V. "Giton pręcipuč, _ex dolore in rabiem efferatus_, tollit clamorem, me, utrāque manu impulsum, pręcipitat super lectum."--Petron. _Arb. Sat._ cap. 94.
The classical reader will at once recognise the force of the words "rabiem," "efferatus," "pręcipitat," in this passage. The expression "utrāque manu" may not at first sight arrest his attention. It seems always used to express the most intense eagerness; see
"Ijecit utramque lacinię manum."--Pet. _Arb. Sat._ 14.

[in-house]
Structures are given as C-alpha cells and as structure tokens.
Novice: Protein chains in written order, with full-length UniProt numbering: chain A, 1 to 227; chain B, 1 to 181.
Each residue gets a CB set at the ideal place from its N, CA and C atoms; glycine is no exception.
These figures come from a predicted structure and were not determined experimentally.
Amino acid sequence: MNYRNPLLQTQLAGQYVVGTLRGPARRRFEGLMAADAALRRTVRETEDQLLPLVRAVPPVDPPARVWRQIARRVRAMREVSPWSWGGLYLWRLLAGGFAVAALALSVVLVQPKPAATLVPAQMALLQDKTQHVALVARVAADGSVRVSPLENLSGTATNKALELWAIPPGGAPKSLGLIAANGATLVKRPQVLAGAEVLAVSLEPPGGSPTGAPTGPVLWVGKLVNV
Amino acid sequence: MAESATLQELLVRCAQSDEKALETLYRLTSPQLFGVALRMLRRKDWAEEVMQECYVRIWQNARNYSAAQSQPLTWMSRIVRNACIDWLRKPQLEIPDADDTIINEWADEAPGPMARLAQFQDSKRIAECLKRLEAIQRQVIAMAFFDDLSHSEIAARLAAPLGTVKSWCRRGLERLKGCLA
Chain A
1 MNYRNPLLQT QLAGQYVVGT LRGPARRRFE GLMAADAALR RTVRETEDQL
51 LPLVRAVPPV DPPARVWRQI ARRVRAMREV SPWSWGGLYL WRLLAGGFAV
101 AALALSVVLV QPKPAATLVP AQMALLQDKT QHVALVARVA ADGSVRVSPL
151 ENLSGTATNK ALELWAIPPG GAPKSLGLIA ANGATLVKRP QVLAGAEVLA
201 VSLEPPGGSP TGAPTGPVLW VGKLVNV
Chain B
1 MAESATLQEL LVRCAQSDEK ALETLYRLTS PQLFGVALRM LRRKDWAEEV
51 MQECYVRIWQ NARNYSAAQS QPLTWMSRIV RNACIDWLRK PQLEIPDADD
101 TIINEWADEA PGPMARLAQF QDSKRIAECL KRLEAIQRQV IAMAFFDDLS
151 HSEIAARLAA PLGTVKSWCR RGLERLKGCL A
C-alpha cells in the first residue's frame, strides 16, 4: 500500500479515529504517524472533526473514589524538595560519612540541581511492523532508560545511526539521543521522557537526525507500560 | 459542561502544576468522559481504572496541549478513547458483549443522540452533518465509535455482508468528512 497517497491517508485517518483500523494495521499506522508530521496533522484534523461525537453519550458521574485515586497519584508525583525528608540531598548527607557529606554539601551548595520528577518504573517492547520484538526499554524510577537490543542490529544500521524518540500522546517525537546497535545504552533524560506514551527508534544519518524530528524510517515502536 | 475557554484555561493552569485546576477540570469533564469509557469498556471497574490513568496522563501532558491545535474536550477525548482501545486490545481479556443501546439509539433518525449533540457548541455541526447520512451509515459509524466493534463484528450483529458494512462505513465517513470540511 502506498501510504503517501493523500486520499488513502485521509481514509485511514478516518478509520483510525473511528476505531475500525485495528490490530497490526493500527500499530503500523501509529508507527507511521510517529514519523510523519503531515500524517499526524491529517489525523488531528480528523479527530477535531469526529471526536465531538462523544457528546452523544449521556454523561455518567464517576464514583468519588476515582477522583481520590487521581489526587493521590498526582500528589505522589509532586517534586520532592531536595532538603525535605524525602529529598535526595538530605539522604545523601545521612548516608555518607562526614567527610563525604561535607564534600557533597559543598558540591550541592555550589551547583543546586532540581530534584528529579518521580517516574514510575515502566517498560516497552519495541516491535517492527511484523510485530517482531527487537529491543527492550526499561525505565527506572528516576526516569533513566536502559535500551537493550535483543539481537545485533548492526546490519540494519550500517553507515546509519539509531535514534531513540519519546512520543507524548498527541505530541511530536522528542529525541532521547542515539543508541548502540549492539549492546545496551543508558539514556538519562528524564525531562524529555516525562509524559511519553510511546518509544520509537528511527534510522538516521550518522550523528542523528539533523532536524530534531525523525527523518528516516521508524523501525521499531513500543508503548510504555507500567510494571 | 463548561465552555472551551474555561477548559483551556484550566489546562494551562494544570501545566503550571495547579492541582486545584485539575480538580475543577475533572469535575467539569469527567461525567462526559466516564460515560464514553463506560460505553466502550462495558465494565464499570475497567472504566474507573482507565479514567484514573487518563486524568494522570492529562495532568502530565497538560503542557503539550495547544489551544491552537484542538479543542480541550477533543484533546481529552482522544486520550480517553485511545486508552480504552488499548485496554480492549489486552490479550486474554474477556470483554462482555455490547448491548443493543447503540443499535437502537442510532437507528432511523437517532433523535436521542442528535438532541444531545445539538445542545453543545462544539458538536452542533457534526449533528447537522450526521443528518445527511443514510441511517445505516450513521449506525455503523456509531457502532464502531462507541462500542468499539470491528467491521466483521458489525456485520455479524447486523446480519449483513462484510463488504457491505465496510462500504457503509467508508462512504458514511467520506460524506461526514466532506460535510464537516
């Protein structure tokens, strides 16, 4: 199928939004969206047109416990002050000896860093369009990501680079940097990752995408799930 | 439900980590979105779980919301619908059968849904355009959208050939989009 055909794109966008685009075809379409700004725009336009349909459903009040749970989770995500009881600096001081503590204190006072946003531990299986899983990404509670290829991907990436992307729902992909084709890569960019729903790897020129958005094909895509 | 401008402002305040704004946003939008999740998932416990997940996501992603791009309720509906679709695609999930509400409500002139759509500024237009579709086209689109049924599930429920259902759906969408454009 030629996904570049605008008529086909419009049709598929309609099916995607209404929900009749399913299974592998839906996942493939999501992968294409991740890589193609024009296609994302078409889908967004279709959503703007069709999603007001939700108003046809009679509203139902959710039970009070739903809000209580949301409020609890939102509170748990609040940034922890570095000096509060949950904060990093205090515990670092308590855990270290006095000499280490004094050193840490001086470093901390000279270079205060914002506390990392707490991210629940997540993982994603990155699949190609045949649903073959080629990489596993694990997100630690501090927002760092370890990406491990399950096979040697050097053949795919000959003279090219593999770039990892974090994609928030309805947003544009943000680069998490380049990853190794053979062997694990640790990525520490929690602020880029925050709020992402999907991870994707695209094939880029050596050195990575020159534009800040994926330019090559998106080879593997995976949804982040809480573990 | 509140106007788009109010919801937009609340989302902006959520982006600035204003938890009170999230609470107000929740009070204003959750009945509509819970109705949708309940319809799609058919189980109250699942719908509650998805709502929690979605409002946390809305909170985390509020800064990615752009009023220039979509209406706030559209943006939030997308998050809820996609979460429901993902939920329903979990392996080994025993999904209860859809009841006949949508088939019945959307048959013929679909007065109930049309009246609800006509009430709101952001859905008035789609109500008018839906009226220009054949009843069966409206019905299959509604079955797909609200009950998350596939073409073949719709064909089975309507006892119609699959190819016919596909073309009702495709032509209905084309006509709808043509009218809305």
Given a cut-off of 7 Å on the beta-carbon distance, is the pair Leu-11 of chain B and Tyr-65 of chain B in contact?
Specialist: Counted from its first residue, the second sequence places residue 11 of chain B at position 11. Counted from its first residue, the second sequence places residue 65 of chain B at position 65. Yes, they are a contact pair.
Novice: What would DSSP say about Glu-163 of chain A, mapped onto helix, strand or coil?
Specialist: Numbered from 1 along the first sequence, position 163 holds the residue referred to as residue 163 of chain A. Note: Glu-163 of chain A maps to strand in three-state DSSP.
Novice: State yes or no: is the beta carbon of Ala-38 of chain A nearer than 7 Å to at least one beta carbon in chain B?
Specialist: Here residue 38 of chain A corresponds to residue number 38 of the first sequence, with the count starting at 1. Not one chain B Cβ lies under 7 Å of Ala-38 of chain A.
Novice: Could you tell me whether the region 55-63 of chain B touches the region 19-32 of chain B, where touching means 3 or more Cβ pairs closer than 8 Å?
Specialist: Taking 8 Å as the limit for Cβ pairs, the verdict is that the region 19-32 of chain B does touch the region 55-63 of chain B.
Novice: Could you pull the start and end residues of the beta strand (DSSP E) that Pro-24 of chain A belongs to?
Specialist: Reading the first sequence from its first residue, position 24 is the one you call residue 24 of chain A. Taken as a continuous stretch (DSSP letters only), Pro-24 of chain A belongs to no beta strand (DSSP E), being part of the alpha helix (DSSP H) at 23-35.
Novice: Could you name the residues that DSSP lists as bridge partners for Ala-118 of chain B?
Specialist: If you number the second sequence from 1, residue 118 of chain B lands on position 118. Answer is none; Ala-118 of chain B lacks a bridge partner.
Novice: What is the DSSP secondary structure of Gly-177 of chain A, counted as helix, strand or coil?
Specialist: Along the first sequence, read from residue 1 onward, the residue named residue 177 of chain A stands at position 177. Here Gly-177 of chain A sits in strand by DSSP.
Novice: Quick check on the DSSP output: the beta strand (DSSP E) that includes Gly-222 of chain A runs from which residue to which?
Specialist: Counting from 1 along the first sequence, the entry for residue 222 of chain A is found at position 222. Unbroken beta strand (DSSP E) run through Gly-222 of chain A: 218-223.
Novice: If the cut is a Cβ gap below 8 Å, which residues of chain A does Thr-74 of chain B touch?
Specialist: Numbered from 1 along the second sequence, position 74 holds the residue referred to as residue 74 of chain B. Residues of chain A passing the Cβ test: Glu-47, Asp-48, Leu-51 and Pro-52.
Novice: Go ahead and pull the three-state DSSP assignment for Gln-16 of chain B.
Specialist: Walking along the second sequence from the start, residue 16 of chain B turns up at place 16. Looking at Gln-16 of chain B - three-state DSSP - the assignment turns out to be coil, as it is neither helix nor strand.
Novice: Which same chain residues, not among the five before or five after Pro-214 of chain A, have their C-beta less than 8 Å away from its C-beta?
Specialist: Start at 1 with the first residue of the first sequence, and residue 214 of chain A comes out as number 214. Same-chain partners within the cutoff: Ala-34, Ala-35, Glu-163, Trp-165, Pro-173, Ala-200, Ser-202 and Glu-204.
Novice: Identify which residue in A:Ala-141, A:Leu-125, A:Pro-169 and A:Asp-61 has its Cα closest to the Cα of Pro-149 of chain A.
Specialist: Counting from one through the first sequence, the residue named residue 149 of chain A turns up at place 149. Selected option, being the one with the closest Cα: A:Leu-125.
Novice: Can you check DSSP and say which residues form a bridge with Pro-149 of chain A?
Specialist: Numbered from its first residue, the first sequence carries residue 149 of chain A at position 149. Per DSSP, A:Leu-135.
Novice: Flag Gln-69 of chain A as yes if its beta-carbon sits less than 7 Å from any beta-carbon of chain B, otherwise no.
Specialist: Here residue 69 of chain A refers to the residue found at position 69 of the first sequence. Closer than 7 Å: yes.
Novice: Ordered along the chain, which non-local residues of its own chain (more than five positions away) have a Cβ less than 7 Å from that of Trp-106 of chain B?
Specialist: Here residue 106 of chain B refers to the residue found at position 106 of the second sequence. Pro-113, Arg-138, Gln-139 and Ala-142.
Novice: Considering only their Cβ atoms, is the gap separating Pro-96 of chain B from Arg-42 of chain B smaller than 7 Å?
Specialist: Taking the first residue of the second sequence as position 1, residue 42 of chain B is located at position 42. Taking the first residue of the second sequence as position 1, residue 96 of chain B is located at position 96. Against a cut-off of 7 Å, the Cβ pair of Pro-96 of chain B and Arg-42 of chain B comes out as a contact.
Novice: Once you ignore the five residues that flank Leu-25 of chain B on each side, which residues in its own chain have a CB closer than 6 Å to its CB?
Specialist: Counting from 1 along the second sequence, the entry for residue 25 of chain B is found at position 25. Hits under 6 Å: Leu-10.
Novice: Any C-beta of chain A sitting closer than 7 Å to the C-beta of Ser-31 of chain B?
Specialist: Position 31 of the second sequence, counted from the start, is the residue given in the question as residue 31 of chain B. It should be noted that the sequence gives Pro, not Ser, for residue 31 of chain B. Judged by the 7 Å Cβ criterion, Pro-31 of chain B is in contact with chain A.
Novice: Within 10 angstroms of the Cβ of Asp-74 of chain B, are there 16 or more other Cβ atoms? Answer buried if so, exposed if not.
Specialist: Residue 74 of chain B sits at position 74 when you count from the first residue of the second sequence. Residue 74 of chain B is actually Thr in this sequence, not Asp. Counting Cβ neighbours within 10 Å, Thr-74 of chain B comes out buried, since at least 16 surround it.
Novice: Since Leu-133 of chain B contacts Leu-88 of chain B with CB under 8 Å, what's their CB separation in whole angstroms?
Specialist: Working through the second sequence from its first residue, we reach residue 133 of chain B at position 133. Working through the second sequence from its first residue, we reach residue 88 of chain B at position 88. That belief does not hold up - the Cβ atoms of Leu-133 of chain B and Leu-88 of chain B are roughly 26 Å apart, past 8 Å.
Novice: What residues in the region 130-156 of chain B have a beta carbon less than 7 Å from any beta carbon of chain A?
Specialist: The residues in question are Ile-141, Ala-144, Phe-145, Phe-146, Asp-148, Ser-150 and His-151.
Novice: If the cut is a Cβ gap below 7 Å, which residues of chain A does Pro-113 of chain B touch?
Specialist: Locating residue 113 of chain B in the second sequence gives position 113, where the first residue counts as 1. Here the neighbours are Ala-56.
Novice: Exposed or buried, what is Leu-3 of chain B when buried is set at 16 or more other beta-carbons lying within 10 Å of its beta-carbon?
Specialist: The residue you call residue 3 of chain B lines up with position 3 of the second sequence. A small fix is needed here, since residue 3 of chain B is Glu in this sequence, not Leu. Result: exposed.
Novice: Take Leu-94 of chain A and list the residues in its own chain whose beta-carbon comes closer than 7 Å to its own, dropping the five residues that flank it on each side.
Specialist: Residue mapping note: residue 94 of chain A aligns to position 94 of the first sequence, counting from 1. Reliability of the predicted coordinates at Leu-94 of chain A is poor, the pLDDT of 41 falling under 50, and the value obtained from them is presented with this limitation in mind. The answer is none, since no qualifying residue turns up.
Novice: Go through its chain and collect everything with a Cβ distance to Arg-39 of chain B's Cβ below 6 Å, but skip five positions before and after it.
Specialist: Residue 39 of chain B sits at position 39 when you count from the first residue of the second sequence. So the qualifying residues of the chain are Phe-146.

"Utrāque manu Deorum beneficia tractat."--Ib. 140.
"Upon which Menedemus, incensed at his insolence, answered,--'Nothing is more necessary than the preservation of Lucullus;' and thrust him back with both hands."--Plutarch, Life of Lucullus.
"Women have a sort of natural tendency to cross their husbands: they lay hold with both hands [ą deux mains] on all occasions to contradict and oppose them, and the first excuse serves for a plenary justification